Again he entered the synagogue, and a man was there with a withered hand. And they watched Jesus, to see whether he would heal him on the Sabbath, so that they might accuse him. And he said to the man with the withered hand, “Come here.” And he said to them, “Is it lawful on the Sabbath to do good or to do harm, to save life or to kill?” But they were silent. And he looked around at them with anger, grieved at their hardness of heart, and said to the man, “Stretch out your hand.” He stretched it out, and his hand was restored. The Pharisees went out and immediately held counsel with the Herodians against him, how to destroy him. – Mark 3:1-6
As I was growing up, my maternal grandmother spoke in venerated terms of “Brother Morris,” a preacher at the First Baptist Church in Ada, Oklahoma. During his tenure he was able to get the town’s movie theater closed on Sundays. While that didn’t last beyond his pastorate there, even as late as the 1970s I remember very few businesses open on Sunday—unlike today when someone like Chick-Fil-A is viewed suspiciously for their Sunday closing policy. While I was in seminary, there were debates among students about what is “lawful” to do on Sunday as well, which continues among pastors. The Westminster Confession of Faith (subscribed to by many Reformed folk) states rather sternly:
“This Sabbath is then kept holy unto the Lord, when men, after a due preparing of their hearts, and ordering of their common affairs beforehand, do not only observe an holy rest, all the day, from their own works, words, and thoughts about their worldly employments and recreations, but also are taken up, the whole time, in the public and private exercises of his worship, and in the duties of necessity and mercy.” (chapter 21, paragraph 8)
In the bible passage from Mark above, we can see that Sabbatarian arguments have been going on a long time. It seems that most American Christians today are either muddled on the issue or have completely given up even attending worship on the Lord’s Day, seeing it as “the best of the seven” only because it provides time and space for more self-indulgence than usual!
We could talk about the relationship between the Seventh Day and the First Day and how the vast majority of Christians came to worship on the First Day, but it’s more valuable to think about what the Sabbath Day meant. For ancient Israel, the Sabbath looked forward to the freedom to come, of hope for the great Day of Rest when all pagan oppression would cease. It looked backward to the creation of the world, to the Exodus, and was a day marked out for those who keep it as God’s chosen people, His faithful and hopeful people.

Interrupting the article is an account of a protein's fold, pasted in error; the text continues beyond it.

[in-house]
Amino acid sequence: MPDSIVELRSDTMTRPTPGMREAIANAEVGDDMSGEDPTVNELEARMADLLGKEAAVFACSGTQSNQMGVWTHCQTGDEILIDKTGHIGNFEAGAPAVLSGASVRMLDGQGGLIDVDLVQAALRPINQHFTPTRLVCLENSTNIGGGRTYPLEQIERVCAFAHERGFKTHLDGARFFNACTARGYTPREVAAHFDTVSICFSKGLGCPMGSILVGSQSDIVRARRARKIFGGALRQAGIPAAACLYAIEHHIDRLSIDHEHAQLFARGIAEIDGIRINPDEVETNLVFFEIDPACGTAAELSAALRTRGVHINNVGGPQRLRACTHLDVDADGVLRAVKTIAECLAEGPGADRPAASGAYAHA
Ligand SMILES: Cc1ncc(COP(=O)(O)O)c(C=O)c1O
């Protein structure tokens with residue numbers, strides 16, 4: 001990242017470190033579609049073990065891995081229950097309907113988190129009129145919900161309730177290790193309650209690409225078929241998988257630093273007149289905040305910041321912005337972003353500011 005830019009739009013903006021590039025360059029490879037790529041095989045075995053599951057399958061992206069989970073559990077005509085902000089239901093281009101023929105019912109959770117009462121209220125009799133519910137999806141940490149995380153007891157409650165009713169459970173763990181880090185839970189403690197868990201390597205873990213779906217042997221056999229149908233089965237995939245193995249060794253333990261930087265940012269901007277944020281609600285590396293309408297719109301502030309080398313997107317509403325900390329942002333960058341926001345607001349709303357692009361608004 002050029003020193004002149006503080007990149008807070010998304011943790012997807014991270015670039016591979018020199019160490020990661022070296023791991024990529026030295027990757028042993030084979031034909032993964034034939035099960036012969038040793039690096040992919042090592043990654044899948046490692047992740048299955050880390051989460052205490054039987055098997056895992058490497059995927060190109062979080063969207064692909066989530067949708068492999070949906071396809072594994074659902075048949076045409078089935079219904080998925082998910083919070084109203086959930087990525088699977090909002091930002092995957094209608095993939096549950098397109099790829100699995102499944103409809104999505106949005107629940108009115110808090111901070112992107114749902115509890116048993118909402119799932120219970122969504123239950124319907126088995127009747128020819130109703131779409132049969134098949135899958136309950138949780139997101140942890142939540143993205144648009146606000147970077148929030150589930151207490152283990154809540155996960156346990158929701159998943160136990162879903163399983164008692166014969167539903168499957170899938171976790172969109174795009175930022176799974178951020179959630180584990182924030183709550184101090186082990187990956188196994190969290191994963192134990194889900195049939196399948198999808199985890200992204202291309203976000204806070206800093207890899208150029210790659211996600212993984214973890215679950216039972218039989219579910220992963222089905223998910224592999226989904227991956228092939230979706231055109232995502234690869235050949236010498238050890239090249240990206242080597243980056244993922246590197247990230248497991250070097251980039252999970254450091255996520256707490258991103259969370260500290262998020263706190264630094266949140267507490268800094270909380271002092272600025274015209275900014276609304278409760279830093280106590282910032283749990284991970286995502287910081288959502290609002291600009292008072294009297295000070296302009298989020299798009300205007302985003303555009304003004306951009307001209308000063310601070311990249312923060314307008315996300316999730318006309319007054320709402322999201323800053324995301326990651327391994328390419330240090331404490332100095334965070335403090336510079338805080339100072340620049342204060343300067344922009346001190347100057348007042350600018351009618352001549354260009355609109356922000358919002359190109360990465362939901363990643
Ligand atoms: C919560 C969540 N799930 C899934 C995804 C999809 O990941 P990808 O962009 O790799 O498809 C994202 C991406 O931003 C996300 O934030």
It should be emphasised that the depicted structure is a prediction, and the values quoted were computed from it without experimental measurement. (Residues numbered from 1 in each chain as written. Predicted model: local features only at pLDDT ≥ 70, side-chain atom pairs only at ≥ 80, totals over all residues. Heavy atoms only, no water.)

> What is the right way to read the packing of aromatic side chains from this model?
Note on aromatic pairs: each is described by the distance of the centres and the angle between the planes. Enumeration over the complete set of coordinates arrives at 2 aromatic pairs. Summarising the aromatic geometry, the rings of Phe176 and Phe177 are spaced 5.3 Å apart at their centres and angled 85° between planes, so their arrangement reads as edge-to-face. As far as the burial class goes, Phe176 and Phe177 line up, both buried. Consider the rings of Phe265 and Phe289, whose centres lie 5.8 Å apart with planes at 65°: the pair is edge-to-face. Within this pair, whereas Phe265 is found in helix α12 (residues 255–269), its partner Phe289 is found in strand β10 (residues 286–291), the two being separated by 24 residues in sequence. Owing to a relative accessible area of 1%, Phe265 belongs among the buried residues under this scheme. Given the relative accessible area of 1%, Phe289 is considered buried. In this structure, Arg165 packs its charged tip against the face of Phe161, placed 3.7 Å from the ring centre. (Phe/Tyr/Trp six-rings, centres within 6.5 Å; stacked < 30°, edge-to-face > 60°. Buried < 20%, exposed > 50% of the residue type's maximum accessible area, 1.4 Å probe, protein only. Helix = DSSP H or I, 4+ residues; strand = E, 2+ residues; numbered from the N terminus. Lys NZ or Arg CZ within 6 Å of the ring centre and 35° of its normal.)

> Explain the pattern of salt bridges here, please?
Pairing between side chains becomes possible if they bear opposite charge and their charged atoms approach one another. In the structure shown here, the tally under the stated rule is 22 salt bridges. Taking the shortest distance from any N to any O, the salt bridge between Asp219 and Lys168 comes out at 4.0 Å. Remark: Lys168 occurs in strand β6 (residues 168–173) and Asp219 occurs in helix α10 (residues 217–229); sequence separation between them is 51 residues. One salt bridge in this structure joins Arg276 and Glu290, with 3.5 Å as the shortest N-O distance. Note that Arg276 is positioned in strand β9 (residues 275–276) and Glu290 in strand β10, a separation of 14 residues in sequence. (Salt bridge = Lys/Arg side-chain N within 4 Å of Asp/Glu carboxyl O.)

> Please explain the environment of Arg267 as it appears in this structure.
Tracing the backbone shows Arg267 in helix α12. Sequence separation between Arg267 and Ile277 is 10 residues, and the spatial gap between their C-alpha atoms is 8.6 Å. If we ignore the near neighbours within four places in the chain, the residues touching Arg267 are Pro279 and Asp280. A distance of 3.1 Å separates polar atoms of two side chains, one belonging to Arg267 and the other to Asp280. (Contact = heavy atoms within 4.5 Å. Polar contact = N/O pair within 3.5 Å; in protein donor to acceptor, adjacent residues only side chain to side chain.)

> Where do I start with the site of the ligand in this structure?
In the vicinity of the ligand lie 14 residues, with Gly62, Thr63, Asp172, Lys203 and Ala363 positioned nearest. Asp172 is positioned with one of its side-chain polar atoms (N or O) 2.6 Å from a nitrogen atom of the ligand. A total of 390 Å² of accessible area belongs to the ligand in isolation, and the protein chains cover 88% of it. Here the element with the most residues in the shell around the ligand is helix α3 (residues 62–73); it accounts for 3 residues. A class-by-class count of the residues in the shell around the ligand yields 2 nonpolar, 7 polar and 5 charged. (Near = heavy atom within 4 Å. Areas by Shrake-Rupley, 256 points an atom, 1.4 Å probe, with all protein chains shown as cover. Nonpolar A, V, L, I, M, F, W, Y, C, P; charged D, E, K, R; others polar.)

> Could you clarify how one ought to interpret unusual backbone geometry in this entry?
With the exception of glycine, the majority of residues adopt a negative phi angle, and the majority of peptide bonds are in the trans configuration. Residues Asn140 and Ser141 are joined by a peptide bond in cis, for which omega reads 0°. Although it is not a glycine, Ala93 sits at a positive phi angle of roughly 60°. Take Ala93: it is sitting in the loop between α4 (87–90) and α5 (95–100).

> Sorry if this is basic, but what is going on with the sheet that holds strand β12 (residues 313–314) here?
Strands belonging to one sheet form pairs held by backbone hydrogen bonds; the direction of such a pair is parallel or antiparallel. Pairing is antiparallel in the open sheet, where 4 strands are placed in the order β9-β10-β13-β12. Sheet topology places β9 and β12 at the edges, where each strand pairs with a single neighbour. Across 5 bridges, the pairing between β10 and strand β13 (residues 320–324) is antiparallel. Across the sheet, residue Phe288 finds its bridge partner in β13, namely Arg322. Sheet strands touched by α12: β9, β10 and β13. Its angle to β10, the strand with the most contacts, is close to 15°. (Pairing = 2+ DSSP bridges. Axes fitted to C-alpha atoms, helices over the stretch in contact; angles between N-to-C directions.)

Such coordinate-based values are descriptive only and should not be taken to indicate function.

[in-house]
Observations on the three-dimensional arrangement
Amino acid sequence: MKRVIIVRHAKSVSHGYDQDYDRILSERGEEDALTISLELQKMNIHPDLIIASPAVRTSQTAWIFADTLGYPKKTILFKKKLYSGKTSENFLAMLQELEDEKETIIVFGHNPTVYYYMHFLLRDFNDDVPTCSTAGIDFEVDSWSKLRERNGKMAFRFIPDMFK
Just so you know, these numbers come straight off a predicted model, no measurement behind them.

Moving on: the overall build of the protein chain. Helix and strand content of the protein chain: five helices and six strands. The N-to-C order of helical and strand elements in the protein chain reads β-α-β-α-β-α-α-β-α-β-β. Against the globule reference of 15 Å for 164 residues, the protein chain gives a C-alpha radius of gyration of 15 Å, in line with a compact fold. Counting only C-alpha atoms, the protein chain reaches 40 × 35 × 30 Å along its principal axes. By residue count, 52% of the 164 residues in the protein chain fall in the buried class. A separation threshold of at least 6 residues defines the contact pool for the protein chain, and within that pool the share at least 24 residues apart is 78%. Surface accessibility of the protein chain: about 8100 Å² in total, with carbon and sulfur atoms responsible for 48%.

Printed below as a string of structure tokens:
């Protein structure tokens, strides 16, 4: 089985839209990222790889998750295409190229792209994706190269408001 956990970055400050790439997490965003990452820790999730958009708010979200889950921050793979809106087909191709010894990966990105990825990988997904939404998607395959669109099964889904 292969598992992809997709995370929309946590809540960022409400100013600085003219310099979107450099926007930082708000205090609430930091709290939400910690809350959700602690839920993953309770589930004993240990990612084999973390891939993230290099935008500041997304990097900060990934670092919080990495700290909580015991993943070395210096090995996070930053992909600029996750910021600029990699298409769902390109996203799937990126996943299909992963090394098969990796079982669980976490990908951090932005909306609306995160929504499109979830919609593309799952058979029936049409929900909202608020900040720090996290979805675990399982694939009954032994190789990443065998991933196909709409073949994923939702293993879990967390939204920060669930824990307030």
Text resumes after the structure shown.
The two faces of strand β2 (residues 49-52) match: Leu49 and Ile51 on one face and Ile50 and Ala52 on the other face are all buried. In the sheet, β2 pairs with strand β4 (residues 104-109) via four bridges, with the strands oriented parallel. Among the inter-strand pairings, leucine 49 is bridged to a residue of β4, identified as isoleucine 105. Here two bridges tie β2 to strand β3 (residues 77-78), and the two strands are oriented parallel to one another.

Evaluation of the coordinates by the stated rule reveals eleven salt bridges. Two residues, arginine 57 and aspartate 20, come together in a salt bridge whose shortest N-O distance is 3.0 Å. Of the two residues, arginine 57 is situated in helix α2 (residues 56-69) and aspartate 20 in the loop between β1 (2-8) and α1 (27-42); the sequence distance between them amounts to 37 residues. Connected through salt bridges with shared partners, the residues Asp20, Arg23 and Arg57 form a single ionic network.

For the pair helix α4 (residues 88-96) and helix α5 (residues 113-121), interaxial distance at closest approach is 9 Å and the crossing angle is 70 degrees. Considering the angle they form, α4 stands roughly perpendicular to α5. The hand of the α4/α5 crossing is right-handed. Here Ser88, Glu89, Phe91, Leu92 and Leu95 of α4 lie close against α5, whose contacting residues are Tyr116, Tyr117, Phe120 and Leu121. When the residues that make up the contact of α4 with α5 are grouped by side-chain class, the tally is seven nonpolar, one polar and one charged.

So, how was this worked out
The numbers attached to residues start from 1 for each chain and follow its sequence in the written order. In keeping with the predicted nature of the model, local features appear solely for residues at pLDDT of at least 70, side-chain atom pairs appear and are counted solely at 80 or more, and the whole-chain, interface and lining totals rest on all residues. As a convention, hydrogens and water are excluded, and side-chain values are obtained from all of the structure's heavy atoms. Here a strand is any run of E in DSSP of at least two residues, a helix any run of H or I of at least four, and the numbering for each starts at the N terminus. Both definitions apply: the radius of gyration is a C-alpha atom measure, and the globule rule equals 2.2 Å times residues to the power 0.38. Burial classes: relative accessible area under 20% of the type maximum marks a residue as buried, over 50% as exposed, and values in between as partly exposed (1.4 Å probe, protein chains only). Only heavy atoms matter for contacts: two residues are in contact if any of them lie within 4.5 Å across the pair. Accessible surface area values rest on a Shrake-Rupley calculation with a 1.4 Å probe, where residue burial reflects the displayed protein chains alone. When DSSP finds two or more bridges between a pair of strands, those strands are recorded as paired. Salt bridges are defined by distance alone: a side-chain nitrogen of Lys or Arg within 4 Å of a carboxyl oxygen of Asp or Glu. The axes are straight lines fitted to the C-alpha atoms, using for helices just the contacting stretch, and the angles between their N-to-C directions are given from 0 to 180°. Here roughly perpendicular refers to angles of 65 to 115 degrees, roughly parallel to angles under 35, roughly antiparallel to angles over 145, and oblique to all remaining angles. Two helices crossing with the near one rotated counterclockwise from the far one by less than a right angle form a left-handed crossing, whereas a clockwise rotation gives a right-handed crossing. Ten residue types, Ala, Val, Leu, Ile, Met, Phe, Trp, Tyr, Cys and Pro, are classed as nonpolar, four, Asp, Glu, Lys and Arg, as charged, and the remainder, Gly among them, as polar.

For the original audience in Jesus’ day, it had become a great hammer and symbol of nationalism. It no longer envisioned Israel as the light of the world, but simply as the light and the rest of the world as darkness. This happens when religion and nationalism are entangled. It was doubtless a no-win situation when it came to celebrating God’s creation and redemption, past, present, and future. The letter meant much more than the spirit of the law.
Jesus gets right in the middle of it by healing the man with the withered hand on the Sabbath. Jesus knew that the Pharisees were hard-hearted and stiff-necked. They could not even see, much less celebrate that God had sent his Messiah. So Jesus puts it starkly, “Is it lawful on the Sabbath to do good or to do harm, to save life or to kill?” This is irony at its best. “Is it legal to do good, or shall only doing evil be lawful?” Thus “they were silent.” If the Sabbath speaks of creation and redemption, the answer is obvious, but they couldn’t admit it without contradicting themselves.
In the story just before, Jesus had said that He is “lord even of the Sabbath.” The Pharisees had a choice: repent, submit, and obey, or go get some powerful help from the Herodians. They chose the latter. When Jesus said He is “lord even of the Sabbath,” He means that the temple was all about Him—He’s lord even of the temple; the priests were all about Him—He’s lord even of the priests; the sacrifices were all about Him—He’s lord even of the sacrifices; the feasts were all about Him; the law was all about Him. The Sabbath is all about Him.
He had made His Messianic claim of the dawning of a new day where even the Law would be seen in a new light. The kingdom is breaking in and the time is coming when people are restored every day and forever. It is eternal Sabbath of rich feasting with the Son of David who is the Son of Man who is the Lord, even of the Sabbath. And that’s the gospel!